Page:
Slovenia: Serious(ly) about politics, a new political party

This week has seen a, to my view, a major political happening on the Slovenian scene. The former strongman of the Liberal Democrats (LDS), the evermighty, omnipresent Gregor Golobic, who quit as Secretary General of LDS 4 years ago to go into business, is back. Not at the top of something already in existence. No, he was elected as president of the new political party “Zares – nova politika”, which in English would read “Seriously – new politics”. How new it really can be and why now?

Golobic is not a new face, neither is he inexperienced nor politically “clean”. He comes back at a time when the current government is losing support and seemingly heading towards a defeat at the next parliamentary elections. By distancing himself from the new LDS, he appeals to those that are disappointed by known politics and political patterns. Which is interesting taking into account his past, but let’s give the new bunch a chance. They seem to take it seriously…And the first projections of voters’ attituted, the party would get into the parliament with around 5%. If the party manages to attract some of the non-voters then it’s bingo for the left, if not then it stays the same, only the votes split.

The party can indeed offer something new, but few would take it for granted. Politics is not a game for virgins and as such it’s good the new party got Golobic as president. If he carefully creates his new image in the media and maintains a professed “honest” take at things, then the votes will come. At the same time Slovenia might experience an organised action from those individuals fed up with the way things run today.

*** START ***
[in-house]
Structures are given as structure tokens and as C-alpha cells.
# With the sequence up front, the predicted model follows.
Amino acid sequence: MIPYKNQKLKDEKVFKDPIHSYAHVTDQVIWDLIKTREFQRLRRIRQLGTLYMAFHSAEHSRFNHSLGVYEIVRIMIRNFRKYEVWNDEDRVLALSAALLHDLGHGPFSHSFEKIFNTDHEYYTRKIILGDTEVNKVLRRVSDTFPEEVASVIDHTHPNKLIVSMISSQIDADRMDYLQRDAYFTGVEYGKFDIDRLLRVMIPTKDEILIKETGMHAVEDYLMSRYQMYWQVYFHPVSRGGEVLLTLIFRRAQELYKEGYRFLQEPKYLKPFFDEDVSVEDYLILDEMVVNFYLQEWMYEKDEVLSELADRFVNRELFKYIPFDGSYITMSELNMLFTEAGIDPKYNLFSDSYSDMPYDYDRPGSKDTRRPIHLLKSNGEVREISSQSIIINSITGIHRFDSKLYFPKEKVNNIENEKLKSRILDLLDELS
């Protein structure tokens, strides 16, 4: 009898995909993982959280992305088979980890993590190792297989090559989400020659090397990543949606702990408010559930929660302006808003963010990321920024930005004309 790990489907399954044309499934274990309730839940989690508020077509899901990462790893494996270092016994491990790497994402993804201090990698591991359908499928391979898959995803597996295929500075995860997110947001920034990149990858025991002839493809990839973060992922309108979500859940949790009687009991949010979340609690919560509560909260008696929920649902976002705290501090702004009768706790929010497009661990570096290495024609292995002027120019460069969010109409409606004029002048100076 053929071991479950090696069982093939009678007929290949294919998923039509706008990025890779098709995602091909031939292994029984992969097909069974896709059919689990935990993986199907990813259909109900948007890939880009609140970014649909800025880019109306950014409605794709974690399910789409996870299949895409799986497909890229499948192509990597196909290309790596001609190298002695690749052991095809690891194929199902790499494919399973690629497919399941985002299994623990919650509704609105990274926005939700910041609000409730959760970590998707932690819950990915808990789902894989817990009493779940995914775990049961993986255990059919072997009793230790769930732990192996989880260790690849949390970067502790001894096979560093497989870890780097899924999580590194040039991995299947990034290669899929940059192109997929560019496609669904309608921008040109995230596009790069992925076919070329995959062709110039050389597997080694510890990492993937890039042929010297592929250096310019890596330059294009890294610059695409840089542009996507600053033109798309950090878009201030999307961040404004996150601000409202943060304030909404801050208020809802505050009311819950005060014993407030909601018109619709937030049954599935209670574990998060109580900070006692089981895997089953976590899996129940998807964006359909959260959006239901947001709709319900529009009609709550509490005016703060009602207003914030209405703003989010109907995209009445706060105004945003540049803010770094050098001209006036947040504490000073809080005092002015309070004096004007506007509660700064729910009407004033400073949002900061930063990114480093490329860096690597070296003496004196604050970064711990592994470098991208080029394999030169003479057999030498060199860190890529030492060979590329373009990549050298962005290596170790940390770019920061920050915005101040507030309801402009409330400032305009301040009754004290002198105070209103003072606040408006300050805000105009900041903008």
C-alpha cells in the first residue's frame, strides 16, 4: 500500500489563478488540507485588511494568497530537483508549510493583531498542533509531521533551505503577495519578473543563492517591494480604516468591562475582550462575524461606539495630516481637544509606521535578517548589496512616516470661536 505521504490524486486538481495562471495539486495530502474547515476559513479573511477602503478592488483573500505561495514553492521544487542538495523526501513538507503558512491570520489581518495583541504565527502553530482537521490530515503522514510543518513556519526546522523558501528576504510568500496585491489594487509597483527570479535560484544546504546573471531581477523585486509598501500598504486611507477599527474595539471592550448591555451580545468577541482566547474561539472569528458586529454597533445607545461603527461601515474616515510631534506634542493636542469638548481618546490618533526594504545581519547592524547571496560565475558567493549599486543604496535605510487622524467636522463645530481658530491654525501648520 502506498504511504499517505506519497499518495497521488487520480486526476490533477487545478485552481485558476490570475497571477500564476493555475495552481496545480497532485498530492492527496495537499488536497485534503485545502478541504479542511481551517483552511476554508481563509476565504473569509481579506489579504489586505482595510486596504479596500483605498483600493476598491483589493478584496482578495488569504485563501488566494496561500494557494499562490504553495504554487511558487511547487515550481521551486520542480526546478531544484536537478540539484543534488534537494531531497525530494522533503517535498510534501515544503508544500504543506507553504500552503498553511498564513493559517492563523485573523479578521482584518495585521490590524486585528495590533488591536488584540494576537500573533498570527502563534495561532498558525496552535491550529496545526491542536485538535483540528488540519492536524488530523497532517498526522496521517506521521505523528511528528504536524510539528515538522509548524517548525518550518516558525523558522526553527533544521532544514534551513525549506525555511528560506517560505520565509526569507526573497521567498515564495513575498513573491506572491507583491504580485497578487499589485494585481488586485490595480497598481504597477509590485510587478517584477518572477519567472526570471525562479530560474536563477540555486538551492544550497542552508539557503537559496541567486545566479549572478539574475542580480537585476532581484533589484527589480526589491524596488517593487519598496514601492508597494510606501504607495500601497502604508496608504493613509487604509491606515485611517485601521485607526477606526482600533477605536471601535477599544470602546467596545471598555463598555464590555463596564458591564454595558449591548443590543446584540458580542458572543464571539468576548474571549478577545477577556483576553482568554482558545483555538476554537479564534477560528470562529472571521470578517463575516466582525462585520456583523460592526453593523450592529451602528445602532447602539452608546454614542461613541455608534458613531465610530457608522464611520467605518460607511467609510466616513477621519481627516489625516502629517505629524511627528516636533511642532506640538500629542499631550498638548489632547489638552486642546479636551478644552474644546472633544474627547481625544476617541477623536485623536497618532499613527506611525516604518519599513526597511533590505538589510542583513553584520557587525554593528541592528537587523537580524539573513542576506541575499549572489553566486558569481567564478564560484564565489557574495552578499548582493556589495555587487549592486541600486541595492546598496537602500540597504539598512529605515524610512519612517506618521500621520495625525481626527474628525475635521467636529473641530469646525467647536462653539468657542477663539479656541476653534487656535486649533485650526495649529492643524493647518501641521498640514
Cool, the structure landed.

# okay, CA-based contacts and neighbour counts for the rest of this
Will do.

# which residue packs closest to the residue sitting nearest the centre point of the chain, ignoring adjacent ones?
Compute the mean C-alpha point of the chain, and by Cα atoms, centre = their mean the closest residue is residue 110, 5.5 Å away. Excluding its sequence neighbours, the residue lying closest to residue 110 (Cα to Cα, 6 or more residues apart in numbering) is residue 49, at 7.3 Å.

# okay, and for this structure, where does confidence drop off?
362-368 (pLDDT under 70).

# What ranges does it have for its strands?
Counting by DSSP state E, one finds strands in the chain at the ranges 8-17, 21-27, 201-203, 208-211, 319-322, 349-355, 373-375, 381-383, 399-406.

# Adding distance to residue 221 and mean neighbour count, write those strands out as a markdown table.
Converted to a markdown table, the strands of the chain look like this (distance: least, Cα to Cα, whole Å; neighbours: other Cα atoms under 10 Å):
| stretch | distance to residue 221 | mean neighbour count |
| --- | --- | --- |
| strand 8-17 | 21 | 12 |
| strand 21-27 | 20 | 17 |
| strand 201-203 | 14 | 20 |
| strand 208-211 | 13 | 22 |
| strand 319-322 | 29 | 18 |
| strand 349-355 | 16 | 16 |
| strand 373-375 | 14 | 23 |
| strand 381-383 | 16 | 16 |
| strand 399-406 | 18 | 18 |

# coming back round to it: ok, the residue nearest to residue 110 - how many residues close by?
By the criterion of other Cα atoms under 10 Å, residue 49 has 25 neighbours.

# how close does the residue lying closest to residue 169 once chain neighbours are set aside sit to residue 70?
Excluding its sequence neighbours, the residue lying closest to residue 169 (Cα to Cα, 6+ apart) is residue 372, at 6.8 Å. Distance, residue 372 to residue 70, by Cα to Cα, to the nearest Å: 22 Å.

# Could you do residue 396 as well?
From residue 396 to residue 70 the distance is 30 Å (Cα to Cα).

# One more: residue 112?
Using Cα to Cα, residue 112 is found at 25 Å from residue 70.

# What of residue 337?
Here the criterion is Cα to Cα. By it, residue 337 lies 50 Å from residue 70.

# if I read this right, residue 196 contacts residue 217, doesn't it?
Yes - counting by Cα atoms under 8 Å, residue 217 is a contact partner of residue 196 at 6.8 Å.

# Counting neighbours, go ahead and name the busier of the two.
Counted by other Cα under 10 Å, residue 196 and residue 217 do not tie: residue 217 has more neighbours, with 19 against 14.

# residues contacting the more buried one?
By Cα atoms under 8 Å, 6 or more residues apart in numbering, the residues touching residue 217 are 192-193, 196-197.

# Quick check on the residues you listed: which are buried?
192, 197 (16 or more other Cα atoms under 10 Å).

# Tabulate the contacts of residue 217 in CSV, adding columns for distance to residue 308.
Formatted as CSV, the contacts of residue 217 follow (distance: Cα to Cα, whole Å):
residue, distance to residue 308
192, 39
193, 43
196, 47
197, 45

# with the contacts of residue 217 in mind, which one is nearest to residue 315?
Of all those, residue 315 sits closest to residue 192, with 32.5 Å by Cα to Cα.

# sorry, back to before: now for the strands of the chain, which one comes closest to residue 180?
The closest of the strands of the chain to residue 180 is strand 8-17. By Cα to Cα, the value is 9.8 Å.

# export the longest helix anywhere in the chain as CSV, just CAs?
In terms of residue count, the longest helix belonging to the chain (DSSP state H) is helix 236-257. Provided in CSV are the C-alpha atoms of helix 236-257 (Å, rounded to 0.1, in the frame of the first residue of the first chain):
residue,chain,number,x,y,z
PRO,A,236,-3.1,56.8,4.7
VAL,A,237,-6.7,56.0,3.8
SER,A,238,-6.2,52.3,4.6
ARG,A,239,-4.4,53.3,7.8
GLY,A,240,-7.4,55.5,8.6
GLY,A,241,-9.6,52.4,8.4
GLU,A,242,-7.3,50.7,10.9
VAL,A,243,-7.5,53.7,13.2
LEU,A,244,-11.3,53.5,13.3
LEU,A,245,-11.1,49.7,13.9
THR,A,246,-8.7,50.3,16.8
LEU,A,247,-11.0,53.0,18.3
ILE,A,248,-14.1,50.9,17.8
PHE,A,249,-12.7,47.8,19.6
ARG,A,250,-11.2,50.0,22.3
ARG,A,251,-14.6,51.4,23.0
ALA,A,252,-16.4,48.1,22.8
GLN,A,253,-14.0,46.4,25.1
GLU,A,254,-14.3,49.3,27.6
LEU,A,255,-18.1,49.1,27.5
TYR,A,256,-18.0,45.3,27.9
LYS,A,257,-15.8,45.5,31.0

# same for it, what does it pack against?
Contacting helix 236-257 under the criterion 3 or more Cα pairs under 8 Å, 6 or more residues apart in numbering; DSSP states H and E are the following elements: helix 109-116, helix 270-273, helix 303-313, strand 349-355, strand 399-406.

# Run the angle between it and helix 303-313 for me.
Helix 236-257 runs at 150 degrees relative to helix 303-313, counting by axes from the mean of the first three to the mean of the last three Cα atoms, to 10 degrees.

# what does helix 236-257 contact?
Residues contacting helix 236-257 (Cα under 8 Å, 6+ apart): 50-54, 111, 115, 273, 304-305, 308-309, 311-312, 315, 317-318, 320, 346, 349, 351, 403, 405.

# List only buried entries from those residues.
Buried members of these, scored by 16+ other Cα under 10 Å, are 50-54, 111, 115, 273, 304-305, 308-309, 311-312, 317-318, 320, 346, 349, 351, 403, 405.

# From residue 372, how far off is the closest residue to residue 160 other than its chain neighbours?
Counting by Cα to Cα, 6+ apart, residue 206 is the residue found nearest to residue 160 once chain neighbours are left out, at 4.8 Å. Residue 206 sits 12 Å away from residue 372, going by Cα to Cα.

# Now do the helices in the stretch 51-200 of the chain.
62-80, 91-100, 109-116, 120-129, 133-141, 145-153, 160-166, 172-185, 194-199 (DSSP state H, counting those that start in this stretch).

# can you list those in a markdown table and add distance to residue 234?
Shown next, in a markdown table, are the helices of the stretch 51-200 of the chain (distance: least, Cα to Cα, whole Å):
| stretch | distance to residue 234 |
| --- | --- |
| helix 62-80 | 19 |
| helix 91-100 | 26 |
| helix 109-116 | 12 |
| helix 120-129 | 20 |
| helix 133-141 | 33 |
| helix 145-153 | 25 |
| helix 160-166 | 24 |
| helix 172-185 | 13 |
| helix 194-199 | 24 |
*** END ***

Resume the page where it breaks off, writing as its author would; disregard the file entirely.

Why now? It seems that the parliamentary elections in 2008 will be interesting. The 12-years-Prime Minister, then President, Janez Drnovsek is saying goodbye to politics. Igor Bavcar, head of Istrabenz, former Minister of Interior, parliamentarian, old friend of Jansa, but also an LDS member, is appearing in too many stories recently for him to be “out of politics”. Pahor is still leading the best positioned party, but for how long? LDS is becoming a bit more marginal that it has been in the past and the new president Katarina Kresal lost her initial charm through some of the TV debates. She’s tough, but appears fake. Golobic appeared hungry for a political engagement and also aware that some more people from the “independence days” might be coming back. The generation of young politicians (Bavcar and Golobic among them) that engages again?

Would make it interesting.

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